Tag Archives: love your enemies

Calling down judgment – or not

You do not know of what spirit you are.
The Son of Man came not to destroy lives,
but to save them.
Luke 9: 55-56

 Catholics will not hear these words when they listen to today’s Gospel, Luke 9: 51-62. These words are found in various manuscripts and have largely been excluded from most mainstream Bibles, though they are found in a footnote in the Jerusalem Bible as well as in the text in the Douay-Rheims translation.

Yet I think they should be heard, loud and clear.

Jesus is on the way to Jerusalem and has to pass through Samaritan territory – a land of people despised by many. He sends some folks ahead to prepare to visit a Samaritan village, but they are rejected.

James and John , the “Sons of Thunder” object and suggest that they call down fire against them to consume them. Various manuscripts add, “as Elijah did.”  They want a punitive God, who strikes down the foe.

Does this sound a bit like our situation today where some are so willing to condemn others to hell or other punishment?

But Jesus rebukes them. At this point the other manuscripts add, “You do not know of what spirit you are. The Son of Man came not to destroy live, but to save them.”

I first noted the significance of these phrases about 1980 when the country was debating issues of the use of nuclear weapons. Today, the use of terror tactics and killer drones suggests that the phrases are still relevant.

It is also relevant in light of the divisiveness and harsh language used in political and religious discourse – what America editor Fr. Matt Malone, S,J., called “the toxin of ideological partisanship.”

But this is not not just about political and military policies. It is about our spirits.

Are we people who seek to conquer our enemies by destroying them? Or do we respond as Jesus does, who calls us to “love our enemies”?


Love (and feed) your enemies

“You have heard that it was said,
You shall love your neighbor and hate your enemy.
But I say to you, love your enemies,
and pray for those who persecute you,
that you may be children of your heavenly Father…”
Mathew 5: 43-45

 These words from today’s Gospel are among the most challenging of Jesus’ sayings, because it is so easy to confine our love to those we know and like. It is difficult to love those who hate us, who persecute us, or who even just rub us the wrong way.

But that was what Jesus did, even forgiving those who nailed Him to the cross.

Today the churches celebrate the early apostolic father Polycarp who was killed for his faith. There is much that Polycarp can teach us, not only in his rejection of Gnosticism which would propose an otherworldly God and Marcionism which rejected the Jewish Bible (the Old Testament). He also went to Rome and had an amicable disagreement with the Bishop of Rome over the date of Easter; though he did not convince the Bishop of Rome, the Eastern Church was enabled to continue its practices and Polycarp celebrated a Mass in Rome.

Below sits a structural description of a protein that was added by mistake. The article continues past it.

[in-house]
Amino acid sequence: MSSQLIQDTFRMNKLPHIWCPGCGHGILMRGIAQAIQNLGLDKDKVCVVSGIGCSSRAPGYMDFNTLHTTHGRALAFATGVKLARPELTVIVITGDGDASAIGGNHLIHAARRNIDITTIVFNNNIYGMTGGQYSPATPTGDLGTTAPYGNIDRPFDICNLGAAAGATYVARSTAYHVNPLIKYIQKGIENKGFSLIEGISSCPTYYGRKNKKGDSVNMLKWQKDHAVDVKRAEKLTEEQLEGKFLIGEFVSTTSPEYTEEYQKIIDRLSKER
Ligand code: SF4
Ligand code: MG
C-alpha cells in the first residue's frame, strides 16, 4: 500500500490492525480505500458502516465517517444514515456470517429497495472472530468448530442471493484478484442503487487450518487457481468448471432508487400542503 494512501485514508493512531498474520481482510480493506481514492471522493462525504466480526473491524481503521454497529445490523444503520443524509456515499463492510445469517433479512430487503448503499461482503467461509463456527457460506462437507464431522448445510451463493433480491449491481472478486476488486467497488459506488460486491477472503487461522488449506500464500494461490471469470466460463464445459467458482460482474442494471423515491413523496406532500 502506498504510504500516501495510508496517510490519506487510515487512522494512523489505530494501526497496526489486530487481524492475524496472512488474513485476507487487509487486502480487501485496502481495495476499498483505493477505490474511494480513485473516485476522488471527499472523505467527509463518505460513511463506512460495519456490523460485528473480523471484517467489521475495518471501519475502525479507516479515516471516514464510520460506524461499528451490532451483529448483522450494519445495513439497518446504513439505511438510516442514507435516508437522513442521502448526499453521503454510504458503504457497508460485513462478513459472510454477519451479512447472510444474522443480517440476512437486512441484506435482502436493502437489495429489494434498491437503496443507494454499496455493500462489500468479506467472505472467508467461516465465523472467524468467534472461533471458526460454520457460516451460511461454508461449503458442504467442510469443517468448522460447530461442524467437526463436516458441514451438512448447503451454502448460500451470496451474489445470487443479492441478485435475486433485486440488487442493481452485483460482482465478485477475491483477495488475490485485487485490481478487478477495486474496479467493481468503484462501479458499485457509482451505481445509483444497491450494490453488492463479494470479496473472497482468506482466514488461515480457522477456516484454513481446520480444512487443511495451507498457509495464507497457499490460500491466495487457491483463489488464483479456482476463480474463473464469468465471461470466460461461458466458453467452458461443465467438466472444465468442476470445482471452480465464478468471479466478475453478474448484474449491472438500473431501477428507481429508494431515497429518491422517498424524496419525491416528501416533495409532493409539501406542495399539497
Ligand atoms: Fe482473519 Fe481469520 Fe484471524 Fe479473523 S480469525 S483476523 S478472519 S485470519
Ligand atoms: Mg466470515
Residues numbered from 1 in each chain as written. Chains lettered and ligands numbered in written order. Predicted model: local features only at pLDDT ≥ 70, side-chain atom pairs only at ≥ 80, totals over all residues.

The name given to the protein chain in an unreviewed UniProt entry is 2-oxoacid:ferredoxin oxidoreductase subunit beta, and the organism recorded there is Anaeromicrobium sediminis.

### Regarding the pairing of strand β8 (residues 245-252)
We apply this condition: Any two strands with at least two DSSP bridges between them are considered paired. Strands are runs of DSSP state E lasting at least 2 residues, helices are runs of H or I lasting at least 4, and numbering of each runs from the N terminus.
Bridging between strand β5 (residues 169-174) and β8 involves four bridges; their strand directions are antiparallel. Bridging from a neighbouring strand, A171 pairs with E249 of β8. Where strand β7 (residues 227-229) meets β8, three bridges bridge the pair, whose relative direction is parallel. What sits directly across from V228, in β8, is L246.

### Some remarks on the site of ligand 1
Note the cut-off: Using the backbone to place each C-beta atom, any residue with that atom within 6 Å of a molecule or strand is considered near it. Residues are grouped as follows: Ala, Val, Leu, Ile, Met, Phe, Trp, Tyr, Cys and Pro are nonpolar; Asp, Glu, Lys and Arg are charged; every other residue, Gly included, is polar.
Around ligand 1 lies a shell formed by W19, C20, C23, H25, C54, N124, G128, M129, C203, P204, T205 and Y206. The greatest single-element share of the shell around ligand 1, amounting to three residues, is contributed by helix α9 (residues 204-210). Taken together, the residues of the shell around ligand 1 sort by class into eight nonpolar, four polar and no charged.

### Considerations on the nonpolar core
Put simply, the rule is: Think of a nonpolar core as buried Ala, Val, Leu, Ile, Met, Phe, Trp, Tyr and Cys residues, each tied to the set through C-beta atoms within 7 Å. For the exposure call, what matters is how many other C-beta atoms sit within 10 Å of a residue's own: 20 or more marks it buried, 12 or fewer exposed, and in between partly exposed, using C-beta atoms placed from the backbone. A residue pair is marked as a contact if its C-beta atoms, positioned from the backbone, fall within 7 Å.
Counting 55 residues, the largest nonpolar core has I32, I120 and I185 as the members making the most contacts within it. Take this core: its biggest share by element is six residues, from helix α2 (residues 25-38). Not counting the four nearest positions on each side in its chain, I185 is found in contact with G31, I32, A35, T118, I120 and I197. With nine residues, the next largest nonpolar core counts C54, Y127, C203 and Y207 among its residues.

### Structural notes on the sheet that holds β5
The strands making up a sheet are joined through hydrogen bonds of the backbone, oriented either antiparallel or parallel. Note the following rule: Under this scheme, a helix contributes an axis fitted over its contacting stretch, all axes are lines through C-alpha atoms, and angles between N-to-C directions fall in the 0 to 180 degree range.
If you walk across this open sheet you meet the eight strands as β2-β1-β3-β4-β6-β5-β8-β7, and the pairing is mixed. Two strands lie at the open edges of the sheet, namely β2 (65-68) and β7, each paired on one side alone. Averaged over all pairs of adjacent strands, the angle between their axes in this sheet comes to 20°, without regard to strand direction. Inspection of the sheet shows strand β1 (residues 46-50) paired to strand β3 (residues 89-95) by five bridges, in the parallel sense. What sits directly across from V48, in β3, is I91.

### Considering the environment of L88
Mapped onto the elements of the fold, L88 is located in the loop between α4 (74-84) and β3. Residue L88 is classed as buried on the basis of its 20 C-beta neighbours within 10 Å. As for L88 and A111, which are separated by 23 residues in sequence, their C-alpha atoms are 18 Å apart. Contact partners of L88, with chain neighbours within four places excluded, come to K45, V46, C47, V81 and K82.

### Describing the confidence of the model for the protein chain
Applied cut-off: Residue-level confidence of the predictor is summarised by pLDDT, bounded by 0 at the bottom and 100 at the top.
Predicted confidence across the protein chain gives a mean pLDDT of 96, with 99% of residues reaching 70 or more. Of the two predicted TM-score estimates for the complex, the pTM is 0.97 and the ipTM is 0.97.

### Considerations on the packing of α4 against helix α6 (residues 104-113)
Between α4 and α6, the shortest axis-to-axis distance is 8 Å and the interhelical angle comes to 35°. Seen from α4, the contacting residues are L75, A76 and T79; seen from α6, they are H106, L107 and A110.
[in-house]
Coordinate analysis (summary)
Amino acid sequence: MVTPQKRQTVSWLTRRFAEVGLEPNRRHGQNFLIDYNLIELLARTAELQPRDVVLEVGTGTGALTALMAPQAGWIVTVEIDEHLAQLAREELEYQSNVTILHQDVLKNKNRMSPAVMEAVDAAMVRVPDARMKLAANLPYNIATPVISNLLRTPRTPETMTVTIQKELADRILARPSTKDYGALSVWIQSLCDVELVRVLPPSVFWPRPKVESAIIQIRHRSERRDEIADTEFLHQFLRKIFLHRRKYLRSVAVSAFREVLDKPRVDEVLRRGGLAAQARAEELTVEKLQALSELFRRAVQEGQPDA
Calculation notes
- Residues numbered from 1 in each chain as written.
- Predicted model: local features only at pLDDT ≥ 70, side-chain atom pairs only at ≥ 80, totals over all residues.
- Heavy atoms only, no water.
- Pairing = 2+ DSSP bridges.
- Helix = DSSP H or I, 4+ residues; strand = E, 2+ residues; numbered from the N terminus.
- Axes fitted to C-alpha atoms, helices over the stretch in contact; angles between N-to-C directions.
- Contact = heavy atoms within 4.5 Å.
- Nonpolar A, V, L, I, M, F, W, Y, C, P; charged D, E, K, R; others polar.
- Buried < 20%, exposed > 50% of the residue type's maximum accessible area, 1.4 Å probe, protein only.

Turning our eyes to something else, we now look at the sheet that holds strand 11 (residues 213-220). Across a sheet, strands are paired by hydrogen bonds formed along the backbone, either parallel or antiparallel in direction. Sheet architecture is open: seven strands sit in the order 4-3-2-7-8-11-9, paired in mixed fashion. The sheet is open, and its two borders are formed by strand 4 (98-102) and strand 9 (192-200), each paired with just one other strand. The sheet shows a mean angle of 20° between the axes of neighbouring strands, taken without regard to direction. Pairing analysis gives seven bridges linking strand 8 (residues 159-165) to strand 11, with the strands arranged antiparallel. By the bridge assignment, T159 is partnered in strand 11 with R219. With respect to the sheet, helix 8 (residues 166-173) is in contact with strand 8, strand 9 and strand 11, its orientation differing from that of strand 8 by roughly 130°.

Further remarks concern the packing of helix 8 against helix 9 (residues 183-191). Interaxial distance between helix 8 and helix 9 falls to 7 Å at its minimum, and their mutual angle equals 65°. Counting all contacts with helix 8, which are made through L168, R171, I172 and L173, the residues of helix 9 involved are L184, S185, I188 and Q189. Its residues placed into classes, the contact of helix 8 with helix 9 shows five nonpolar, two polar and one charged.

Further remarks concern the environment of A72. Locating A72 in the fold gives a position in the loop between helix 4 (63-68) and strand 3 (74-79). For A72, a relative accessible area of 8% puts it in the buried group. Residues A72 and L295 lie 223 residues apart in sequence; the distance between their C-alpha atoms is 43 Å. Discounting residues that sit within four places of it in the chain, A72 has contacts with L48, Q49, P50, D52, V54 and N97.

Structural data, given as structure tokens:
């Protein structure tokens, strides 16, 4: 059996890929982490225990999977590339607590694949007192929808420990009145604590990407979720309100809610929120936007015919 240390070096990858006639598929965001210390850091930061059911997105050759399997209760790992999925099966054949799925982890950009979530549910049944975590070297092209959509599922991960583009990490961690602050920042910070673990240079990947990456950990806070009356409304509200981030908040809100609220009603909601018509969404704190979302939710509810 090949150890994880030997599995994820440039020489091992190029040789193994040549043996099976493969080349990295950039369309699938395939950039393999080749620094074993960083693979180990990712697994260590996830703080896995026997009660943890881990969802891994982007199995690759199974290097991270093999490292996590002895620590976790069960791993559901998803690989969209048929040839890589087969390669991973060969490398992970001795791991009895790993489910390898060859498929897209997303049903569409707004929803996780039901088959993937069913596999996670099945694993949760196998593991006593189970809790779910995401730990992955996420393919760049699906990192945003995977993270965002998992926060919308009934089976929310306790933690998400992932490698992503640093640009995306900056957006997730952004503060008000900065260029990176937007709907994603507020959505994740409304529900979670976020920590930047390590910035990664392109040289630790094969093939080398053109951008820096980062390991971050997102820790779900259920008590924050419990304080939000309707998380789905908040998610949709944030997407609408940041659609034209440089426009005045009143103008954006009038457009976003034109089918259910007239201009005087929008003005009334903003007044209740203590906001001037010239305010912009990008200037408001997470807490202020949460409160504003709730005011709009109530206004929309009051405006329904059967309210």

But the account of his martyrdom, written shortly after his death, presents his death as a “martyrdom conformable to the Gospel,” suggesting parallels between the death of Jesus and that of Polycarp.

But what struck me, in light of today’s Gospel, is that, when the government forces found Polycarp on a farm, he not only refused to escape but invited those who would kill him to a meal while he prayed:

 His pursuers … went forth at supper-time…, with their usual weapons, as if going out against a robber. And arriving about evening, they found him lying down in the upper room of a certain little house, from which he might have escaped into another place.  So when he heard that they had come, he went down and spoke with them…. Immediately… he ordered that something to eat and drink should be set before them, as much indeed as they cared for, while he asked them to allow him an hour to pray without disturbance. And when they let him, he stood and prayed, being full of the grace of God, so that he could not cease for two full hours…
                                    Martyrdom of Polycarp, chapter 7

He invited them to eat and amazed them so much that they almost decided to let him go.

Would that we would find ways to prepare a meal for our enemies and that nations would also do the same.

I am reminded of a campaign of the Fellowship of Reconciliation in the 1950s when a famine was ravaging communist China. They had members send in bags of grain to the White House with the simple, biblical message, “If your enemy is hungry, feed him.”

The US did not send grain to China but when the cabinet was considering bombing China in reaction to attacks on the islands of Quemoy and Matsu, President Eisenhower asked one cabinet member how many bags of grain had arrived. That probably prevented an attack on China which could have had devastating results.

And so, today, let us pray that, like Jesus and Polycarp, we can love our enemies.